About an hour after his team suffered a blowout loss at the hands of the Milwaukee Bucks, Kawhi Leonard -- never one to be subsumed into narratives or high drama -- offered the most literal response to the most pressing question facing his Toronto Raptors.
"We're going to Toronto," said Leonard, when asked where his team, now trailing the Eastern Conference finals 2-0, goes from here. "Game 3."
You have to admire Leonard's unflappable resolve. After outplaying the Bucks for most of Game 1 before losing in the closing minutes, the Raptors were outperformed wire-to-wire in Game 2. They struggled on each end of the floor, both with establishing a steady flow in the half court and with neutralizing Milwaukee's rhythm. The Bucks, now 10-1 this postseason, are just two games from their first NBA Finals in 45 years -- and they have yet to play their best basketball in the first two games of this series.
Even though Leonard's comment might seem imperceptive on the surface, he's correct to point out that the action now heads to Toronto, because few things shift momentum in a series quite like a change in venue. Yet to hold serve in Toronto, the Raptors will have to quickly come up with some solutions to a few very pressing problems.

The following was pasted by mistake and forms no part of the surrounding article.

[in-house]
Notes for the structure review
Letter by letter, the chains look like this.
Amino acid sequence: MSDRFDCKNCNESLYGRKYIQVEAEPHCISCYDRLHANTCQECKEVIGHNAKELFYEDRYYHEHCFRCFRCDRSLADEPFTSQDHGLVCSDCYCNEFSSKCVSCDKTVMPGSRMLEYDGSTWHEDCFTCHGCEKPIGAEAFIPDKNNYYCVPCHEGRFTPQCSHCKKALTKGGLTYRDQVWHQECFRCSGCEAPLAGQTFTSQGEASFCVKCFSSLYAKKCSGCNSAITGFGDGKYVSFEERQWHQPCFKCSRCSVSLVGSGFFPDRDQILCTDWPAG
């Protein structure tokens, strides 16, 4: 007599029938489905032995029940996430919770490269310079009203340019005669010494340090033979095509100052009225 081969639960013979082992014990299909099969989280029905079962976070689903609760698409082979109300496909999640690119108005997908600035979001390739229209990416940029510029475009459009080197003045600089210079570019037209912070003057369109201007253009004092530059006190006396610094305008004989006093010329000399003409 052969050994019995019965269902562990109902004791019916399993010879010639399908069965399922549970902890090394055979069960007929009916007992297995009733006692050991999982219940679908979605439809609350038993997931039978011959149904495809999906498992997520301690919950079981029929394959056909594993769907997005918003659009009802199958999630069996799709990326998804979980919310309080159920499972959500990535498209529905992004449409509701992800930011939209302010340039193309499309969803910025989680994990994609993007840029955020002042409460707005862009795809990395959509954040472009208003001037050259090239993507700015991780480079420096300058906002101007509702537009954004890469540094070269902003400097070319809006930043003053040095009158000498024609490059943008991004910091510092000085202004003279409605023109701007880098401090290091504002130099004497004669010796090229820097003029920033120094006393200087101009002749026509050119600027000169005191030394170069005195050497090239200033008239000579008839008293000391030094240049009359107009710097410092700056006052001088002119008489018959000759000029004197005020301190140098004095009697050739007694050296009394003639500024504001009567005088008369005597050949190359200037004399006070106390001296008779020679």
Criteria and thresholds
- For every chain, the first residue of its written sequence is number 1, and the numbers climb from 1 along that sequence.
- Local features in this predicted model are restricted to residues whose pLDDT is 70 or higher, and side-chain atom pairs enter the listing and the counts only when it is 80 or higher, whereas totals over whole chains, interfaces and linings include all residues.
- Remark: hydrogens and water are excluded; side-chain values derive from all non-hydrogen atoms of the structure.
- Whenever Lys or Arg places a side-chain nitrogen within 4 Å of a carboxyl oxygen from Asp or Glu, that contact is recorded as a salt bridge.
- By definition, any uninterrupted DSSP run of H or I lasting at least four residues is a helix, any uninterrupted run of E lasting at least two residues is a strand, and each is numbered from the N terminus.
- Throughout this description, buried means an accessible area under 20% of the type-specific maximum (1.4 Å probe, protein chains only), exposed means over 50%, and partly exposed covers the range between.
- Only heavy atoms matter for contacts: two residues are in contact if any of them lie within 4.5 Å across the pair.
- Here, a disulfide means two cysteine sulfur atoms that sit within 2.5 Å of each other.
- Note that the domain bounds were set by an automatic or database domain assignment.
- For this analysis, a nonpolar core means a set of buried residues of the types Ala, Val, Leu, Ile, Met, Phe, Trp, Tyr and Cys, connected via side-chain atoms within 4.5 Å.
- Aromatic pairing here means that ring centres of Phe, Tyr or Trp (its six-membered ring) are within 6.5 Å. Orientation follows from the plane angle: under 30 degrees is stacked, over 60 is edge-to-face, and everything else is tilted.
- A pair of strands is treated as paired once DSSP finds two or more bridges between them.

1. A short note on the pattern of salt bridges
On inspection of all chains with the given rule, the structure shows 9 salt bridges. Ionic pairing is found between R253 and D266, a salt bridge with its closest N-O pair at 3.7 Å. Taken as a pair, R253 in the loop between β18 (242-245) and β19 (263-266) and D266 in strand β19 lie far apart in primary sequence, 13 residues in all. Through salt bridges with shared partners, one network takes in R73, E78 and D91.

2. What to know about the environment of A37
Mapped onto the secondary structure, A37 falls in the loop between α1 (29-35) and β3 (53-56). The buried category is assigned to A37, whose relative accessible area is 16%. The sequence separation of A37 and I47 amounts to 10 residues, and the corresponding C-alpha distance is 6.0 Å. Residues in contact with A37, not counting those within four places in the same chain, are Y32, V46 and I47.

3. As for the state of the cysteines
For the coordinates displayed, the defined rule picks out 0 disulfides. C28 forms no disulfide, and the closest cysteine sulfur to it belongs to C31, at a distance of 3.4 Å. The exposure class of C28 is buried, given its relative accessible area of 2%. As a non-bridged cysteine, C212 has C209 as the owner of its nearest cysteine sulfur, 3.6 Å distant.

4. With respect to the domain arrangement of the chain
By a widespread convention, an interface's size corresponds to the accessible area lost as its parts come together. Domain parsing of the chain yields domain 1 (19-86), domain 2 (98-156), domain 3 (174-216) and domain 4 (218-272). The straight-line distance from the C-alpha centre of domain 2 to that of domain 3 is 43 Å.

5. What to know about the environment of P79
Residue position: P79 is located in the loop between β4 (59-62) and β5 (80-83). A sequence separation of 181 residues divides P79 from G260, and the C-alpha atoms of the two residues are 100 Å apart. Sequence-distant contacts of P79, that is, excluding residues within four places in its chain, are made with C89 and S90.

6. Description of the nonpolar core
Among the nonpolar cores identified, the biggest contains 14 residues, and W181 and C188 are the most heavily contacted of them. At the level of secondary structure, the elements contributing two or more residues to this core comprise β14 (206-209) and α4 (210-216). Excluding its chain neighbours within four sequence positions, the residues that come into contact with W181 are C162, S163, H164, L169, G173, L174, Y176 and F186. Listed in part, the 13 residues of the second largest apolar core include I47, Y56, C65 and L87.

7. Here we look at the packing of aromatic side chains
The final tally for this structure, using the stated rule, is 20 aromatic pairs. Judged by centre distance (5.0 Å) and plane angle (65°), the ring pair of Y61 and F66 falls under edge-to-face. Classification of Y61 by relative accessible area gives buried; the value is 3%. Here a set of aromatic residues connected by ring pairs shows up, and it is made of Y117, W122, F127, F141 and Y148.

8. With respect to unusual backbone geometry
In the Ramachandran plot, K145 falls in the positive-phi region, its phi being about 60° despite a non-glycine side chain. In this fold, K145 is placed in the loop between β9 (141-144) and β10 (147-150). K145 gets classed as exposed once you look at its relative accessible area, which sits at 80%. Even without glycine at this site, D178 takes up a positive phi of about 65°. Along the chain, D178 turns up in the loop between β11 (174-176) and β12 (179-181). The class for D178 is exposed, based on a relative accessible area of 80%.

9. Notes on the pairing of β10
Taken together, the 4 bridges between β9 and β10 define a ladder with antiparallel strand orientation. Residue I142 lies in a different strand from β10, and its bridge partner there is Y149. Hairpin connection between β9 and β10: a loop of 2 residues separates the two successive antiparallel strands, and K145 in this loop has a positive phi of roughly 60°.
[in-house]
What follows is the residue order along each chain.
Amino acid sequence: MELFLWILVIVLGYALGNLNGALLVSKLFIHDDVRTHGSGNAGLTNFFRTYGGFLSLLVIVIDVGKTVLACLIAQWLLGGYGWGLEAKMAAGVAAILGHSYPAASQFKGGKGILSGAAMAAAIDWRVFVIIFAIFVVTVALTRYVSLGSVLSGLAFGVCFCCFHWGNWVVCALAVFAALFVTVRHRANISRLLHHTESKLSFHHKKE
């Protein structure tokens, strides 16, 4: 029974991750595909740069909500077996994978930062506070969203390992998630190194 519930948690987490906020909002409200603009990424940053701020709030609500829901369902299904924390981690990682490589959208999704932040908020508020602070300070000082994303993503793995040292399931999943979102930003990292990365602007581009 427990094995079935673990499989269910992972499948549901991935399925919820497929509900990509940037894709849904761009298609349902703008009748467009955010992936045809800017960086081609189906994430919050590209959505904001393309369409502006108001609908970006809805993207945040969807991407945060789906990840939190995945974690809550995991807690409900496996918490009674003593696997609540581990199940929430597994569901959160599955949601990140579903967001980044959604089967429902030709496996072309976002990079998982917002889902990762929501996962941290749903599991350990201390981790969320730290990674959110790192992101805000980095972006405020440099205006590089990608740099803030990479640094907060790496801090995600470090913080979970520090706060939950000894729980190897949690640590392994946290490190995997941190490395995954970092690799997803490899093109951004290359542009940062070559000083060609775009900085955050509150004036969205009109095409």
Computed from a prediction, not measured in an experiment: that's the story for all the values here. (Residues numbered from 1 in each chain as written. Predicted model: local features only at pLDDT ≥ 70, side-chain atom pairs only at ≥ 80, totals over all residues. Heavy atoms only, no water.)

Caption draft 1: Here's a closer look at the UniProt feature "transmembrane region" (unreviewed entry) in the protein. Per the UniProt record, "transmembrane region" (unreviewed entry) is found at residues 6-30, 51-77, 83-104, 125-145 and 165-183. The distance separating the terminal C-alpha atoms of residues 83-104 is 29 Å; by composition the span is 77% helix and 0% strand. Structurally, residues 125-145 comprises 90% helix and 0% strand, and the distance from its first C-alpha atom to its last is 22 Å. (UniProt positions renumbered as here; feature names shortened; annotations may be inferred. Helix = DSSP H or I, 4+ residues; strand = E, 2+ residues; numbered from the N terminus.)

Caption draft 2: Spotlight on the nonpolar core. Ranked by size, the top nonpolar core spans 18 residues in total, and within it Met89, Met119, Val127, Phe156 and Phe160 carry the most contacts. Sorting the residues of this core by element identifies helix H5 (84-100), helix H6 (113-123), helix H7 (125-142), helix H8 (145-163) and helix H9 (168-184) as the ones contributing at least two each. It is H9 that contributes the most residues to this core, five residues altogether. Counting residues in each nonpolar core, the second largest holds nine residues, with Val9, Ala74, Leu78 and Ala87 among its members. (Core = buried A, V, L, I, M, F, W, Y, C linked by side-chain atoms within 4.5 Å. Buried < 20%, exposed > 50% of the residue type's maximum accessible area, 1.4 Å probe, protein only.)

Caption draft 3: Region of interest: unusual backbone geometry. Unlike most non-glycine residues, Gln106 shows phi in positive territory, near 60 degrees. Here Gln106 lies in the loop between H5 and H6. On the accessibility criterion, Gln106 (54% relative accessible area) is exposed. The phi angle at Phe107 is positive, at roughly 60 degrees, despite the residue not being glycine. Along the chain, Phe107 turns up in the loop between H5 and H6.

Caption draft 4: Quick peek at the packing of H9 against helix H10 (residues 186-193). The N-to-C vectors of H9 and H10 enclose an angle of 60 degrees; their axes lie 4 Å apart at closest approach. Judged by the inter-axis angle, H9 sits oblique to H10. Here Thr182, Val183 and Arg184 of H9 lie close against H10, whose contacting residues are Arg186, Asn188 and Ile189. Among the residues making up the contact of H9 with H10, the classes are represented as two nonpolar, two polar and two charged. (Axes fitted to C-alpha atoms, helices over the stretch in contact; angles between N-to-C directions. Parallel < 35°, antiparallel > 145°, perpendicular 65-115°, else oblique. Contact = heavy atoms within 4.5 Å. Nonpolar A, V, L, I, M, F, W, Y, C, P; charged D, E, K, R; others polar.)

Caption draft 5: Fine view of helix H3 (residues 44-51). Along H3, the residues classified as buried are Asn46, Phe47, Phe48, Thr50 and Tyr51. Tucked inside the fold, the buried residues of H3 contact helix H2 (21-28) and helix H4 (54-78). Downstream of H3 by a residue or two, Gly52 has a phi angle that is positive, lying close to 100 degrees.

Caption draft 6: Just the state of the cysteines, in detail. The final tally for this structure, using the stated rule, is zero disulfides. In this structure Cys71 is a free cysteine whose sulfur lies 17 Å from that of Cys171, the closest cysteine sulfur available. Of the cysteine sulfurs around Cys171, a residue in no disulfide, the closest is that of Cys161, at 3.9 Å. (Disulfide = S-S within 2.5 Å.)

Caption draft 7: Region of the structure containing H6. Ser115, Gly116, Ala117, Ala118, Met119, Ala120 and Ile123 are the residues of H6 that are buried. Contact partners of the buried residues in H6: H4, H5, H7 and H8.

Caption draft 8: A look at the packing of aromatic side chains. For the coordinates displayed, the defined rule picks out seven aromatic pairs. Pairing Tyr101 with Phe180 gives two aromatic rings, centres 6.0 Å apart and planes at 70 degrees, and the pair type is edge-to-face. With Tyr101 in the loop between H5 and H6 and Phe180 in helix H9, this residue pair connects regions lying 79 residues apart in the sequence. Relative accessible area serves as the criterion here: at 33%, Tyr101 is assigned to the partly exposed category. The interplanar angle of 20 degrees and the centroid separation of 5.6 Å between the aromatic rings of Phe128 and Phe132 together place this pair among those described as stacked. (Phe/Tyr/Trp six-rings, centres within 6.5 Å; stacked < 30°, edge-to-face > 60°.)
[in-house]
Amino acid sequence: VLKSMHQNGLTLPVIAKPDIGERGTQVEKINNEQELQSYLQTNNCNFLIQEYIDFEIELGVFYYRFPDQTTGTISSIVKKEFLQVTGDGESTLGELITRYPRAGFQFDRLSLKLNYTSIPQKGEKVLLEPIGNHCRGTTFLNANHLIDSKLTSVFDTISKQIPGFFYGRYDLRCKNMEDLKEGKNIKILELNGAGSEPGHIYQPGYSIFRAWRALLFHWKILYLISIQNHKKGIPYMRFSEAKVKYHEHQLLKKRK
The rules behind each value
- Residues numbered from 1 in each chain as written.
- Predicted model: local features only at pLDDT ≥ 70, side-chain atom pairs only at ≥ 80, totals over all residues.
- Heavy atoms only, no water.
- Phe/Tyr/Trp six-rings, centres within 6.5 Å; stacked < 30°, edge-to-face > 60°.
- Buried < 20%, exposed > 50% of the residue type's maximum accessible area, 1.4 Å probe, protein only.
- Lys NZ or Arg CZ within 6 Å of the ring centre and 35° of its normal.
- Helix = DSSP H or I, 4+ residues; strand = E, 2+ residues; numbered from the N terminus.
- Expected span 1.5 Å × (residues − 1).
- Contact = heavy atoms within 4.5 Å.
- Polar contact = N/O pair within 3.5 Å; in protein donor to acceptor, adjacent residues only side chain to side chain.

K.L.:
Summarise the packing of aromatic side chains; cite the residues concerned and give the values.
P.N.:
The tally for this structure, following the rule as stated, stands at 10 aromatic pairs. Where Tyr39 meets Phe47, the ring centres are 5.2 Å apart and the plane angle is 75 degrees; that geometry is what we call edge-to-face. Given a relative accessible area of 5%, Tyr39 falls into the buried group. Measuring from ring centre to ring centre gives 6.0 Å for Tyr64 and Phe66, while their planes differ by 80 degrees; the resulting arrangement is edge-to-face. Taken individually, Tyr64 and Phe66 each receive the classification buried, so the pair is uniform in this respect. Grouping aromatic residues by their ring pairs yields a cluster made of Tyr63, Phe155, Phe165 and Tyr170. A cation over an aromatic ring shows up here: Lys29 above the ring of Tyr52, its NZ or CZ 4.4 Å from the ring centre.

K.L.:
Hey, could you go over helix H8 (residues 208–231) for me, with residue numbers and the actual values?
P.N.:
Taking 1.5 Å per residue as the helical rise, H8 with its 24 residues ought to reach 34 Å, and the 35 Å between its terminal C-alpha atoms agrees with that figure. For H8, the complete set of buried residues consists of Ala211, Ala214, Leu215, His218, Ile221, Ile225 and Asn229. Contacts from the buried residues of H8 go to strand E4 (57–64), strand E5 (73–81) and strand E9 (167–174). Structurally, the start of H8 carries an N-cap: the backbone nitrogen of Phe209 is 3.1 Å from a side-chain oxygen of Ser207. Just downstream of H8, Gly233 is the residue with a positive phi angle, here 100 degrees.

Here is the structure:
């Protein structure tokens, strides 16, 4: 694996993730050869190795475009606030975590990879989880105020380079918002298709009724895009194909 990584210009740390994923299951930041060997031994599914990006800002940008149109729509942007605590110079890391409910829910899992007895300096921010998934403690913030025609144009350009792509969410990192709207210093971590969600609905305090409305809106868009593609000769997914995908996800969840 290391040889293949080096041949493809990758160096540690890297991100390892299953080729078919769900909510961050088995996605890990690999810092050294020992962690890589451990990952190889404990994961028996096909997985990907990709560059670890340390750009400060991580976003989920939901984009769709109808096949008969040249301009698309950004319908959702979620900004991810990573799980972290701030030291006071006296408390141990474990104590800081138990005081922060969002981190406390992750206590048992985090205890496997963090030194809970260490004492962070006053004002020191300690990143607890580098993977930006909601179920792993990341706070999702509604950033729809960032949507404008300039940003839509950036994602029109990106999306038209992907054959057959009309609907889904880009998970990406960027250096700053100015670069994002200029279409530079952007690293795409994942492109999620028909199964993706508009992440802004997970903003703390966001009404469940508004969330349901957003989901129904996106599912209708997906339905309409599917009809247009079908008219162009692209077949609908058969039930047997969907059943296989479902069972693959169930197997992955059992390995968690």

How can the Raptors make life easier for Kawhi?
Defending Leonard might be the most difficult task in basketball this spring. In 14 playoff games, the Raptors forward is averaging 31.7 points per game on an effective field goal percentage (eFG) of 57.9. He attacks the defense from so many different angles -- off the dribble in isolation, in the post, finding gaps off the pick-and-roll, as a locomotive in transition.
Few defenders in the NBA have thrived in that challenge more effectively than Khris Middleton this season, a pattern that has continued in the playoffs. Leonard scored 31 points in both games at Milwaukee, but he has worked exceptionally hard to do so. Middleton, as well as Bucks guard Malcolm Brogdon, have limited Leonard's drives to his right, influencing him to his weaker hand -- and into the Bucks' active help defenders. Time and again on Friday, Leonard found himself headed in a suboptimal direction off a screen only to encounter the likes of Brook Lopez -- who, as Raptors coach Nick Nurse said on Saturday, "never leaves the paint" -- or Ersan Ilyasova.